Sorkin’s “To Kill a Mockingbird” Keeps Lee’s Classic Novel Heartbreakingly Relevant

By Kimberly Rau

Raise your hand if you read “To Kill a Mockingbird” at some point (probably in school) during your formative years. Harper Lee’s coming of age novel has been required reading for many, the subject of bans and challenges, and, always, a compelling tale about racism, growing up in the south and learning that justice isn’t always fair. Set in the 1930s, it’s a narrative that still holds relevance nearly a hundred years later.

The first national tour of Aaron Sorkin’s version of the story, at the Providence Performing Arts Center through Sunday, is no less poignant, though there are some ways it diverges from the novel.

Our narrator is Scout Finch, supported by her brother, Jem, and friend Dill. Scout and Jem are being raised by their mild-mannered father, Atticus Finch, a lawyer who would rather see the good in everyone than raise his voice to anyone, and Calpurnia, the Black housekeeper who has been with the family for generations. Atticus has been called to defend Tom Robinson, a Black man accused of raping a white woman. There’s no evidence Robinson did such a thing, but a flimsy story concocted by the woman and her trashy, abusive father, has him on the stand, with Atticus fighting for his life.

That trial plays out exactly as it does in the book, down to the ending you see coming but wish with all your heart would somehow be different. But Sorkin, a playwright who also wrote “The West Wing” and “A Few Good Men,” also takes the opportunity to put Atticus under a microscope.

Even in the novel, Atticus Finch, for all his altruism, has a streak of white saviorism that merits examination, and Sorkin makes sure it gets addressed. Calpurnia’s role in the story is enhanced to call out Atticus for his more problematic behavior. At one point, Jem ruins a prized camellia bush belonging to a woman who verbally attacked Jem and Scout, degrading their family and shouting horribly racist things about the trial. Atticus forces Jem to go apologize, shaming him for taking his frustrations out on a “sick, old woman” who still deserves respect. It’s Calpurnia who in turn shames Atticus, reminding him the woman was a nasty piece of work long before she got sick. She further states that offering respect to someone when it disrespects a bunch of other people isn’t anything to pat yourself on the back for. This is done in a way that matches the tone and trajectory of the original story, so it doesn’t feel performative or shoehorned in.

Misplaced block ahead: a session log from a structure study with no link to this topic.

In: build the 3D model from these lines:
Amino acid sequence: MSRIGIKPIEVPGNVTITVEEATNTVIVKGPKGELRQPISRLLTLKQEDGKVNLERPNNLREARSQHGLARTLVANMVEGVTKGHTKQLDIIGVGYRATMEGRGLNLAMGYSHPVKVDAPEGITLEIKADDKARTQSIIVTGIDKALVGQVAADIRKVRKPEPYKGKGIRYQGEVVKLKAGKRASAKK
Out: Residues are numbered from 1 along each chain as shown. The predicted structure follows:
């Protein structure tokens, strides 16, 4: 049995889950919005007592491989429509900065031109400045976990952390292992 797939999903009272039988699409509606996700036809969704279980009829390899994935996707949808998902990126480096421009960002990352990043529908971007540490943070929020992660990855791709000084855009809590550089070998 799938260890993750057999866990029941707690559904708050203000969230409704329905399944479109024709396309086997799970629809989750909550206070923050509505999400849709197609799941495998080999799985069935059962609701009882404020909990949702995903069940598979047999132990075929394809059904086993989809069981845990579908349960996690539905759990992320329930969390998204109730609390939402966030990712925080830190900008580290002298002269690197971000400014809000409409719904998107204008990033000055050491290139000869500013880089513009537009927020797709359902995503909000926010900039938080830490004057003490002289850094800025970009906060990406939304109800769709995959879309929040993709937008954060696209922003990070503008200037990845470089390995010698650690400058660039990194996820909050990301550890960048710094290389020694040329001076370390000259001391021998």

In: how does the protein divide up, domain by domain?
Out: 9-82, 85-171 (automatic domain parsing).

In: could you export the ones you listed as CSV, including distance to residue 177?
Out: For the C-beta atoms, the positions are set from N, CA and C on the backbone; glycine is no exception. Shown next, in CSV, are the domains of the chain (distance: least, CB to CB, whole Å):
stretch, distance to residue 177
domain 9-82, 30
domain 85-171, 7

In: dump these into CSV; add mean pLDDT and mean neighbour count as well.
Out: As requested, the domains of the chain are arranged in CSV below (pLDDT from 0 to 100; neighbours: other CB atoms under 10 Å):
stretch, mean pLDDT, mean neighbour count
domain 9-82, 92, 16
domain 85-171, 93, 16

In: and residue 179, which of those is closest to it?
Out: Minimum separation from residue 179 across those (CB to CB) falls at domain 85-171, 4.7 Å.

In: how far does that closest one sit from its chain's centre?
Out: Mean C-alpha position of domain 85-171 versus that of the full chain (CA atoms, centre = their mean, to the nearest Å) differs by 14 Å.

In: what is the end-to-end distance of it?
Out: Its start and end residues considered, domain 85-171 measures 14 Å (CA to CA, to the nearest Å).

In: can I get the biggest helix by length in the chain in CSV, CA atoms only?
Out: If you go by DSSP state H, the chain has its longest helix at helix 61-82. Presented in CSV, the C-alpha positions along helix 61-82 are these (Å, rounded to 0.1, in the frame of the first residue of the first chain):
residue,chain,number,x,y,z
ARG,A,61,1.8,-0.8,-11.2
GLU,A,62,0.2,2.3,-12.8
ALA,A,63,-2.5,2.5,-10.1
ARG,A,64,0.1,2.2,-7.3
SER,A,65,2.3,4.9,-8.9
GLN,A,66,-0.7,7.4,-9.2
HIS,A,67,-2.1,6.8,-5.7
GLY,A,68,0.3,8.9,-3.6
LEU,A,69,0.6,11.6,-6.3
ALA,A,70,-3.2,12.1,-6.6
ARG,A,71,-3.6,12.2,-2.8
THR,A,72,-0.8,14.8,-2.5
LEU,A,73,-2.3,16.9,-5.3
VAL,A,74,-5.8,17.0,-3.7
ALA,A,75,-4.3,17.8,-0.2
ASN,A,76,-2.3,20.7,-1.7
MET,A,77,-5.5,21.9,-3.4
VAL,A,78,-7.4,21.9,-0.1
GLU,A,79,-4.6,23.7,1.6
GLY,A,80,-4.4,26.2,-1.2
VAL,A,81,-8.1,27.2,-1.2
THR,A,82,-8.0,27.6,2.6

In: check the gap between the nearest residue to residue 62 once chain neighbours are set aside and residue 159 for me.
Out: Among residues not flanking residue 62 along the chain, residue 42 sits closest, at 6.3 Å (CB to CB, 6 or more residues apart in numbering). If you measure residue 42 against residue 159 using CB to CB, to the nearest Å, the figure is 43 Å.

The cast itself is incredible. Emmy Award winner Richard Thomas plays Atticus. Celebrity casting can be a gamble, and here, it’s a win. Thomas is the perfect embodiment of Finch, starting with a quiet intellectualism peppered with a streak of mischievous wit that is most prominent when dealing with his children. It also comes out occasionally in court, to the delight of the audience. Thomas creates a character so believable that when Atticus does finally lose his temper, it feels organic, as does his remorse afterward.

The three children are played by adults, but you forget that almost immediately. Scout Backus, Justin Mark and Steven Lee Johnson play Scout, Jem and Dill, respectively, and the three of them are fantastic on their own, and even better as a group. Backus captures the soul of a young girl who still venerates her father, all the while trying to understand the world. As Jem, Mark has the difficult task of representing a boy who has already started to become jaded, but desperately wants to retain some of his childhood innocence. Both actors give remarkable performances. Dill’s role has also been enhanced from the novel, providing him a more elaborate back story and more of a personality. He also serves as the comic relief when things get too heavy, and Johnson’s character choices couldn’t be better.

Jacqueline Williams is Calpurnia, a woman who manages to hold her tongue until she can’t anymore. Calpurnia doesn’t have many lines until later in the second act, but that doesn’t stop Williams from expertly letting us know exactly what her character is feeling. Ted Koch is the monstrously awful Bob Ewell, who doesn’t seem to have a redeeming bone in his body. Villain roles often can be fun to play, but it’s doubtful that’s the case here. Nevertheless, Koch is excellent in the role. Mariah Lee plays Mayella Ewell, the young woman who accuses Robinson. She doesn’t have much of a voice either, but Lee’s physicality gets across all we need to know about Mayella, who has clearly been victimized all her life, just not by Robinson. And Tom Robinson is played to heartbreaking perfection by Yaegel T. Welch.

The show is performed on a simple but beautiful set that will quickly transport you to 1930s Alabama, where you’ll stay until bows. Even if you’re not familiar with the novel or these characters, you’ll find yourself immersed in their world. Some subject matter may not be appropriate for younger audiences, as domestic violence and sexual assault are common themes throughout the trial, but everyone else will likely very much enjoy the story.

“To Kill a Mockingbird” runs through Feb. 11, 2024, at the Providence Performing Arts Center, 220 Weybosset St., Providence. Tickets may be obtained at the box office, online at or by calling 401.421.2787